A central venous catheter is a thin, flexible tube. It is also
called a central line or C-line. Central lines are used when you need to
receive medicine, fluids, nutrients, or blood products for several weeks or
more. The fluids are put through the central line so that they move quickly
into your bloodstream. The line can be used many times, so you are not stuck
with a needle every time.
A central line is put through the skin
into a vein, often in the neck or chest, and threaded through the vein until
the tip of the catheter reaches a large vein near the heart. The point where
the central line leaves the skin is called the exit site. Usually about 30 centimetres of the line stay outside of the body. Sometimes the line has two or
three ends so that you can get more than one medicine at a time. These ends are
called lumens. The end of each lumen is covered with a cap.
Sometimes the central line is completely under the skin. The central line may
also be put in through a vein in your arm.
You will feel a little
pain when the doctor numbs the area. You will not feel any pain when the
central line is put in. The exit site may be a little sore for a day or two.
You can take over-the-counter pain medicine, such as Tylenol or Advil, for pain
Follow-up care is a key part of your treatment and safety. Be sure to make and go to all appointments, and
call your doctor or nurse call line if you are having problems. It's also a good idea to know your
test results and keep a list of the medicines you take.
A central line must be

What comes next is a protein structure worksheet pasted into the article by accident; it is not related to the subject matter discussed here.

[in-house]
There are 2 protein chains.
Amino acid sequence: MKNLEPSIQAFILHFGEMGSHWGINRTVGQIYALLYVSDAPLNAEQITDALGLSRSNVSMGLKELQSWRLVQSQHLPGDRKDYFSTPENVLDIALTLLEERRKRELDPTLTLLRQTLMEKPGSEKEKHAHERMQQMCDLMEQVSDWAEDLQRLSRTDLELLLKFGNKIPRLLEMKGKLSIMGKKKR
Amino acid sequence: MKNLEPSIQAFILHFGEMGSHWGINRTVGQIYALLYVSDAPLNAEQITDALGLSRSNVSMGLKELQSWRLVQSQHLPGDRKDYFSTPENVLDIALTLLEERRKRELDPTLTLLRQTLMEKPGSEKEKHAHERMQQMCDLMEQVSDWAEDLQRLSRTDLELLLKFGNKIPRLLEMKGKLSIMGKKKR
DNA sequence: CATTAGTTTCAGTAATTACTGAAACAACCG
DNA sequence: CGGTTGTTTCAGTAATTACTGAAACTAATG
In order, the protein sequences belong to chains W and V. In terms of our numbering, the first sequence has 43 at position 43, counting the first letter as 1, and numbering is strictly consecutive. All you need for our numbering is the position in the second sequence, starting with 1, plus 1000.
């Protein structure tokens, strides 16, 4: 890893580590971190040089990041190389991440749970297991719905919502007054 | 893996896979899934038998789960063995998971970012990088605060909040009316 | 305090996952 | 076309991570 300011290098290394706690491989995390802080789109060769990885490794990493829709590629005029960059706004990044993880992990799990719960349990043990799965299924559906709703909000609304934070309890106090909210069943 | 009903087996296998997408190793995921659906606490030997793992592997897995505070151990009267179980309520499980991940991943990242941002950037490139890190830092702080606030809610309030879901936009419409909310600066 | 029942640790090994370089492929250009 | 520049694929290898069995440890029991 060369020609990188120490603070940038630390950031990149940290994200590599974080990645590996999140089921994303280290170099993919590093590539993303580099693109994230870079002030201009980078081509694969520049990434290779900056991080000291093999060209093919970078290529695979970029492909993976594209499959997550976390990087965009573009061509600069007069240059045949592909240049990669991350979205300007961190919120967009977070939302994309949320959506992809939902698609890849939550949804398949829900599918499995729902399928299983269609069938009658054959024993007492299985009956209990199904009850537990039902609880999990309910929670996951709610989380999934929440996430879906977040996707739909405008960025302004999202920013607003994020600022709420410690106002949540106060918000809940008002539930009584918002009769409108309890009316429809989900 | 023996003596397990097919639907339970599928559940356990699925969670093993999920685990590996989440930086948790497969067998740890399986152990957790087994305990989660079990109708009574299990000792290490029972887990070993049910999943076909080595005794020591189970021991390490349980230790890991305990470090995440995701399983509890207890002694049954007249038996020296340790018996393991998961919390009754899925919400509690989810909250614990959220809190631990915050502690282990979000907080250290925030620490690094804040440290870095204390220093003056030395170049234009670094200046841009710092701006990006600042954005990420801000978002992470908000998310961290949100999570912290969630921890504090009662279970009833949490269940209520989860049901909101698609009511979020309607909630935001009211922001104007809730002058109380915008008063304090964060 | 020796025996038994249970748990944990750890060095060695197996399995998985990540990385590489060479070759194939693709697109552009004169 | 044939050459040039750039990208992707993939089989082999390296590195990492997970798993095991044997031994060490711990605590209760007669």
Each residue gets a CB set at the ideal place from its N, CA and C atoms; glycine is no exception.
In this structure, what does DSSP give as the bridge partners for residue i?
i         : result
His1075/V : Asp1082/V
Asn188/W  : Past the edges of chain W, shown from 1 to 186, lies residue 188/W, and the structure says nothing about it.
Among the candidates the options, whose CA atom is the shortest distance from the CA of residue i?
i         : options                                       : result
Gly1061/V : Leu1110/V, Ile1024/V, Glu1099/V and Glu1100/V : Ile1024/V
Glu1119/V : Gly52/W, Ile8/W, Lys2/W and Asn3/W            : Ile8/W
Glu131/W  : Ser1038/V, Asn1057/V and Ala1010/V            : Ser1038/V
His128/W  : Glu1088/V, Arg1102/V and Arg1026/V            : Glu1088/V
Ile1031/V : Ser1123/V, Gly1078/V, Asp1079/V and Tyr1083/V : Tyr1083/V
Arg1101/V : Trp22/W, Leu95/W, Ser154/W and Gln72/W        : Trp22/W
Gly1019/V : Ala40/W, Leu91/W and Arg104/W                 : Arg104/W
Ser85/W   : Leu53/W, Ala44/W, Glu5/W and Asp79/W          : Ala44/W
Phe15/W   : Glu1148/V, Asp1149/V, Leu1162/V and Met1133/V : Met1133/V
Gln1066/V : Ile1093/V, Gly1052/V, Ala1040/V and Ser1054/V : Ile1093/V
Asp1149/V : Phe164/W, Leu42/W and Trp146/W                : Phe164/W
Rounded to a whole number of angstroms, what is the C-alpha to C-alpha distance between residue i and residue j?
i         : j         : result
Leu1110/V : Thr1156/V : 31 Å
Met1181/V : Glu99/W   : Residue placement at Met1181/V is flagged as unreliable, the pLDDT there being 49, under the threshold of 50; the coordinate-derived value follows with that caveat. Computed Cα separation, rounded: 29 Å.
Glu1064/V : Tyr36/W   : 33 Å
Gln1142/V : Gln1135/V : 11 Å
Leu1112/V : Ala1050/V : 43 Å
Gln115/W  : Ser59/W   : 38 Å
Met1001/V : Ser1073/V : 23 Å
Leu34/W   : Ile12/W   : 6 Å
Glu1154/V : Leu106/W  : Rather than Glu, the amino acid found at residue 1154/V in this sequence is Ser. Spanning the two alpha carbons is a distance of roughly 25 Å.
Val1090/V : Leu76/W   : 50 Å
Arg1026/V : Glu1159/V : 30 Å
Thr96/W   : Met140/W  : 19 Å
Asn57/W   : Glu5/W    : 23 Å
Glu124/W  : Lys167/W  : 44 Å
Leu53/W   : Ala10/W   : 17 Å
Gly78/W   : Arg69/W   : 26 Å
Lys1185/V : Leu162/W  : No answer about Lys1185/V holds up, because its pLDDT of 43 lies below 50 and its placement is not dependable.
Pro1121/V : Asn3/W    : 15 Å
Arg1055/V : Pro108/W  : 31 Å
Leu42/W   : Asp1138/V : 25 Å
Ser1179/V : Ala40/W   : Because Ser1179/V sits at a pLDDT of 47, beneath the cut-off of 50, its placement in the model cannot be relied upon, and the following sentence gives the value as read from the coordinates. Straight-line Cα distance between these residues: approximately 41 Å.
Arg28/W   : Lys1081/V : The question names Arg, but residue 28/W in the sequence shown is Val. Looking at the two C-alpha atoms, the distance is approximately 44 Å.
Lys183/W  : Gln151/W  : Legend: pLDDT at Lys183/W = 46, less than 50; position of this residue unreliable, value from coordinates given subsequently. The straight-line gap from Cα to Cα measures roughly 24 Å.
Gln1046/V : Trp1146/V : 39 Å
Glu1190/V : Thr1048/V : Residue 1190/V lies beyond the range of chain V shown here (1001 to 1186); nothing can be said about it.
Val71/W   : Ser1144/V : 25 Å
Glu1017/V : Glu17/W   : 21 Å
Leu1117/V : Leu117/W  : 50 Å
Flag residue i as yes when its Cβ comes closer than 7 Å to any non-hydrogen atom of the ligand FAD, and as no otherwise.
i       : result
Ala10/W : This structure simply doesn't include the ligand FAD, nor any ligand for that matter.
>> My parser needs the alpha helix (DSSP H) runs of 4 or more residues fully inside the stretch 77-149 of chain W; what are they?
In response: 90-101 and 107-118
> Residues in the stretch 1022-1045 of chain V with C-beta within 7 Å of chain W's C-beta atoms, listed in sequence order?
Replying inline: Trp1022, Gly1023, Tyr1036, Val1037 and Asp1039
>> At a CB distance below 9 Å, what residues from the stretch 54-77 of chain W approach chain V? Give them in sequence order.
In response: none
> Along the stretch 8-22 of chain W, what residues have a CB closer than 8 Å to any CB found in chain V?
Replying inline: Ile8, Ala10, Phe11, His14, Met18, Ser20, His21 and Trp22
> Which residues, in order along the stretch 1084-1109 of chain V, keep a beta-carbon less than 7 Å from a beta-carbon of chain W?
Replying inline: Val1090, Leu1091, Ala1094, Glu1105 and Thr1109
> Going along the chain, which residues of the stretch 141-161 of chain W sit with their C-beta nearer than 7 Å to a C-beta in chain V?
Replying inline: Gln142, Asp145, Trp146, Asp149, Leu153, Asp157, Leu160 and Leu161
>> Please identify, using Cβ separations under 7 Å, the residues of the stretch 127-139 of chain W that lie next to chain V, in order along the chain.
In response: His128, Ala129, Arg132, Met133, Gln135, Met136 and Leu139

flushed every day to keep it clear of blood and prevent clotting. If it ends in
more than one line (lumen), flush them in the same order each time. Depending
on the type of central line you have, you will flush it with either heparin or
saline solution. Your doctor or nurse will probably give you supplies and
instructions on how to flush it. A nurse may come to your home to help you at
You will usually lie down when you flush the line. This
helps prevent air from getting into your vein.
You need to change the cap on
each lumen every 5 to 7 days, or anytime it is leaking.
Call 911 anytime you think you may need emergency care. For example, call
Call your doctor or nurse call line now or seek
immediate medical care if:
Watch closely for any changes in your health, and be sure
to contact your doctor or nurse call line if:
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Current as of:
November 28, 2016
Adam Husney, MD - Family Medicine
& Kathleen Romito, MD - Family Medicine & E. Gregory Thompson, MD - Internal Medicine & William H. Blahd, Jr., MD, FACEP - Emergency Medicine
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